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Steve Ballmer is pained by his company's struggles, but his attempts to turn around his company's struggling units have seen little success thus far.   (Source: Reuters)

Microsoft Zune is one of the company's struggling products. Others include its search efforts, its mobile phone efforts, and its tablet efforts.  (Source: LIFE)
CNN Money says that the end may be near for Microsoft's attempts to appeal to the masses

Amid record profits Microsoft has serious cause for concern.  It is coming off the high of the fastest-selling operating system in its history -- Windows 7.  That OS sent its profits soaring and convinced some that Microsoft was no longer on the retreat.

But part of Windows 7's success was due to how poorly received Vista was.  With Windows 8 landing reportedly in 2012, the company may have significant difficulties in convincing the average consumer to upgrade to its latest and great OS.

Other than the Windows brand, Xbox and Microsoft Office are the company's other two major successes in the consumer sector.  But the Xbox trails Nintendo's “family friendly” Wii and the Office team is getting seriously nervous about growing consumer interest in OpenOffice.

On the other hand, Bing has failed to gain even 10 percent of the search market in most metrics, despite a massive ad push and a deal with Yahoo. Zune remains a tiny player in the MP3 market, having failed to become a true competitor in terms of sales to Apple's iPod line.  And Microsoft's smartphone empire, once a major player, is in rebuilding mode after the disastrous Kin and ill-received Windows Mobile 6.5.  It is placing its hopes on Windows Phone 7, but that phone enters a packed market.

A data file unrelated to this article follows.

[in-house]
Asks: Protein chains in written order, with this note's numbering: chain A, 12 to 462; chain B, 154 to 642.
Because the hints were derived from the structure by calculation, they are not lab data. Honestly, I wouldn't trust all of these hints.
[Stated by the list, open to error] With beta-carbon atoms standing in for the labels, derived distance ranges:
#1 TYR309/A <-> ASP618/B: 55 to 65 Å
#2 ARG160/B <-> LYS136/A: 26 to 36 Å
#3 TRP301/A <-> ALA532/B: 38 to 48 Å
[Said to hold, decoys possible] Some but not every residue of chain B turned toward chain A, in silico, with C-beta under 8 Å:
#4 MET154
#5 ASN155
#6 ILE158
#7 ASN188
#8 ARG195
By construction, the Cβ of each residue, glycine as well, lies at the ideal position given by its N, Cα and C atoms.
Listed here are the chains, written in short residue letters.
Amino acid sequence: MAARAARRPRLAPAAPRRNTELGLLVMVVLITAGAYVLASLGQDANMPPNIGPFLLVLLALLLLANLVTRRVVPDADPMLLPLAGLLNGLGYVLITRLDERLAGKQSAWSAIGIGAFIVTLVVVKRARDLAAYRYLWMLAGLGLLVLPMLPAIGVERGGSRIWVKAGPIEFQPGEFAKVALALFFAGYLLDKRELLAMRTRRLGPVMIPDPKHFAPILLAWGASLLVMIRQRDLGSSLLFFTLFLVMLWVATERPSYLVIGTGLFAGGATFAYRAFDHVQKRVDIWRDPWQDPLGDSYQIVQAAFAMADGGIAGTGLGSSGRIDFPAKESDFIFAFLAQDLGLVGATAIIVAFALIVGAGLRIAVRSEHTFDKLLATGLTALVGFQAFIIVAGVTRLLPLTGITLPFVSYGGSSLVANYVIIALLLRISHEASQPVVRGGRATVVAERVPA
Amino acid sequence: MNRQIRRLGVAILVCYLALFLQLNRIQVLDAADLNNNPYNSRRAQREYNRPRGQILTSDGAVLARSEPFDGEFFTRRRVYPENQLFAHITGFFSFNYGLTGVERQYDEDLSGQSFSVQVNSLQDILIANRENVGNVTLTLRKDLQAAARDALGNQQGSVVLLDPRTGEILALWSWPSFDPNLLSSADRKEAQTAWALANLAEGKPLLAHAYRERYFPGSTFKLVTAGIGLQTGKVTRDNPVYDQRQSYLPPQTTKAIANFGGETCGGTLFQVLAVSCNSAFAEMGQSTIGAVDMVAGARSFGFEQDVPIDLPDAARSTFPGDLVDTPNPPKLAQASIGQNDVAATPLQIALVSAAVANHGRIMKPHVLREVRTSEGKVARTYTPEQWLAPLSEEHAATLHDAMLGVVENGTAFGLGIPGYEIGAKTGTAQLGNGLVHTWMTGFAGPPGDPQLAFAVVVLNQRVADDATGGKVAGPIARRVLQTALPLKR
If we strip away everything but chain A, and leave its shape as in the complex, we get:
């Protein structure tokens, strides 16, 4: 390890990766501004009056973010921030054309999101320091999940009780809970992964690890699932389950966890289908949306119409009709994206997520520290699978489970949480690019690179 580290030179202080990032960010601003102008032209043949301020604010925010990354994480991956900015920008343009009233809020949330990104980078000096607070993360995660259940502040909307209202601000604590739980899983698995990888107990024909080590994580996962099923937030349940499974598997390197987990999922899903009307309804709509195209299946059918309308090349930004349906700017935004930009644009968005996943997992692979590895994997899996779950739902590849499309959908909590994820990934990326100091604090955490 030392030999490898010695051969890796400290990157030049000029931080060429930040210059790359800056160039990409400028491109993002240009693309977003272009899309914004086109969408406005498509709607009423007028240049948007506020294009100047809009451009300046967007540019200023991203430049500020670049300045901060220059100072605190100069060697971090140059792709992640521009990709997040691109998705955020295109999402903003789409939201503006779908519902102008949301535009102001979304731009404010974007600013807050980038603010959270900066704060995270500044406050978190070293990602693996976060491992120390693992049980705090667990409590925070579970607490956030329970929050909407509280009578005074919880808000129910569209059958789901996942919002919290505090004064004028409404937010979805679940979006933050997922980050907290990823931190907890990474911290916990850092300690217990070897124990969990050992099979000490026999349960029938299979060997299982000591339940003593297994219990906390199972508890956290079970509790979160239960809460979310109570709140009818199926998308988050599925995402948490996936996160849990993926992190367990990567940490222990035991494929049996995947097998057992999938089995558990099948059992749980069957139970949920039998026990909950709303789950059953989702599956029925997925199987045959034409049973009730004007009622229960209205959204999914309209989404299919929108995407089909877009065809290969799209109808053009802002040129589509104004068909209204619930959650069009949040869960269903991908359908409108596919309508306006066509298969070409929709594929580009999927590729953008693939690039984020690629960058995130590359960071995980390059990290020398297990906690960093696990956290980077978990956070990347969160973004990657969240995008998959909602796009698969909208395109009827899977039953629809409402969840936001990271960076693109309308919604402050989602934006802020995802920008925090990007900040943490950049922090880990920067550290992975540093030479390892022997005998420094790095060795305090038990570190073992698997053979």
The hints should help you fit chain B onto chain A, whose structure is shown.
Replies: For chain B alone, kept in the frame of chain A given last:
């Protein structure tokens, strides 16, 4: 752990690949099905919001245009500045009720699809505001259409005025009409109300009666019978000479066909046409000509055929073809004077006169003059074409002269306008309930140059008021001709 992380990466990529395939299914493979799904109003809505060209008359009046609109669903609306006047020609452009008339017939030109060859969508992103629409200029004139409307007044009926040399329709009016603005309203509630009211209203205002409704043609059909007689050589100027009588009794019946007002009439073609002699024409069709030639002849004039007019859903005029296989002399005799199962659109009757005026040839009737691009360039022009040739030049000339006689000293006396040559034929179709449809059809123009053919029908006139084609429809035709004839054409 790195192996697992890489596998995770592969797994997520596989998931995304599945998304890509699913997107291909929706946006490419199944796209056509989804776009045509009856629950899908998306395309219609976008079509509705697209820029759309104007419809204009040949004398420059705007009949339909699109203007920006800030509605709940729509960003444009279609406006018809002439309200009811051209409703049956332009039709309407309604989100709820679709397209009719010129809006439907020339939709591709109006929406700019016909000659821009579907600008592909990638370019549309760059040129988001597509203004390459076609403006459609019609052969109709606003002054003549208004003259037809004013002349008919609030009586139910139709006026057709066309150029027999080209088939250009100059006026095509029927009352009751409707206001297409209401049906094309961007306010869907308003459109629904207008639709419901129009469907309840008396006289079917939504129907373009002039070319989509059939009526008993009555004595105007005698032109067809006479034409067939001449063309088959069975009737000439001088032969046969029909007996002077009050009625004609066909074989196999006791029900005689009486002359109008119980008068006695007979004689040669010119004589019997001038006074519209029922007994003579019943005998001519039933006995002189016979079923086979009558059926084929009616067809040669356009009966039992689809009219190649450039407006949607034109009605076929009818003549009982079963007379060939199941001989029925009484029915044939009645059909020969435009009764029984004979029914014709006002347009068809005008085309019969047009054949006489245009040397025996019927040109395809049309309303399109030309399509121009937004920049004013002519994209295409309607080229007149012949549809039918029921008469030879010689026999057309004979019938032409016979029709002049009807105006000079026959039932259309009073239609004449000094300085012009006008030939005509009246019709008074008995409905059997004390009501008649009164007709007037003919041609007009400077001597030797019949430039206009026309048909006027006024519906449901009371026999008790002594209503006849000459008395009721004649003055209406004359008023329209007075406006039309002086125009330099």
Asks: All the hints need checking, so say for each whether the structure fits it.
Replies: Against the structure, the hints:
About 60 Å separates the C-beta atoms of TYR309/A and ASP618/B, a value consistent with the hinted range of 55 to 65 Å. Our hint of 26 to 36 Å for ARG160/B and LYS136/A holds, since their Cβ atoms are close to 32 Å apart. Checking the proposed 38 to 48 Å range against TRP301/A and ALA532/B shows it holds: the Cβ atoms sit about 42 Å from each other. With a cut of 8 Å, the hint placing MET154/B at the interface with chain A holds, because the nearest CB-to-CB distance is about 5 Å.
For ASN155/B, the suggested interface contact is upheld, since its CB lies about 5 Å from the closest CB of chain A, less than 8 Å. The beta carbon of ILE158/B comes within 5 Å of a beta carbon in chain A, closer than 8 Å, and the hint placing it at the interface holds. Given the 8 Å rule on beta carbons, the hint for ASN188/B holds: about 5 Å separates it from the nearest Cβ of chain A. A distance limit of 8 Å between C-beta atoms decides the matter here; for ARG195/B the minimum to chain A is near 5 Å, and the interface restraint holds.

Internet Explorer, Microsoft's browser, has long led the market, but has seen a steady decline in recent years, which may allow Firefox and Chrome to eventually reach its formerly insurmountable market share peak.  Microsoft's key hope here is a new product, Internet Explorer 9.  

So while it seems that 
CNN Money's recent headline, "Microsoft is a dying consumer brand", is a bit sensational, it is a claim that is grounded in some reality.  

One of the key points in the article is that aside from the struggles of many of Microsoft's consumer "expansion" business units, it is also bleeding executive talent, like many other struggling firms (HP, Yahoo, etc.).  States the report, "Microsoft's executive suite is in turmoil. CFO Chris Liddel, entertainment unit head Robbie Bach, device design leader J Allard and business division chief Stephen Elop have left within the past year. Ray Ozzie joined the exit parade last week."

The report praises Microsoft's recent efforts, but concludes in cautionary fashion, "Microsoft just has to hope [they're] not too late."

Much like the Romans or Greeks, Microsoft has built a mighty empire, a key part of which are expansions into new arenas -- in Microsoft's case phones, video game consoles, and internet services.  

But much like the Roman empire fell, Microsoft appears dangerously close to losing its expansions to hungrier parties.  But much like Rome, it will likely hold on to its central holdings (Windows, Internet Explorer, Xbox, and Microsoft Office) for some time, even if its other efforts fall into commercial purgatory.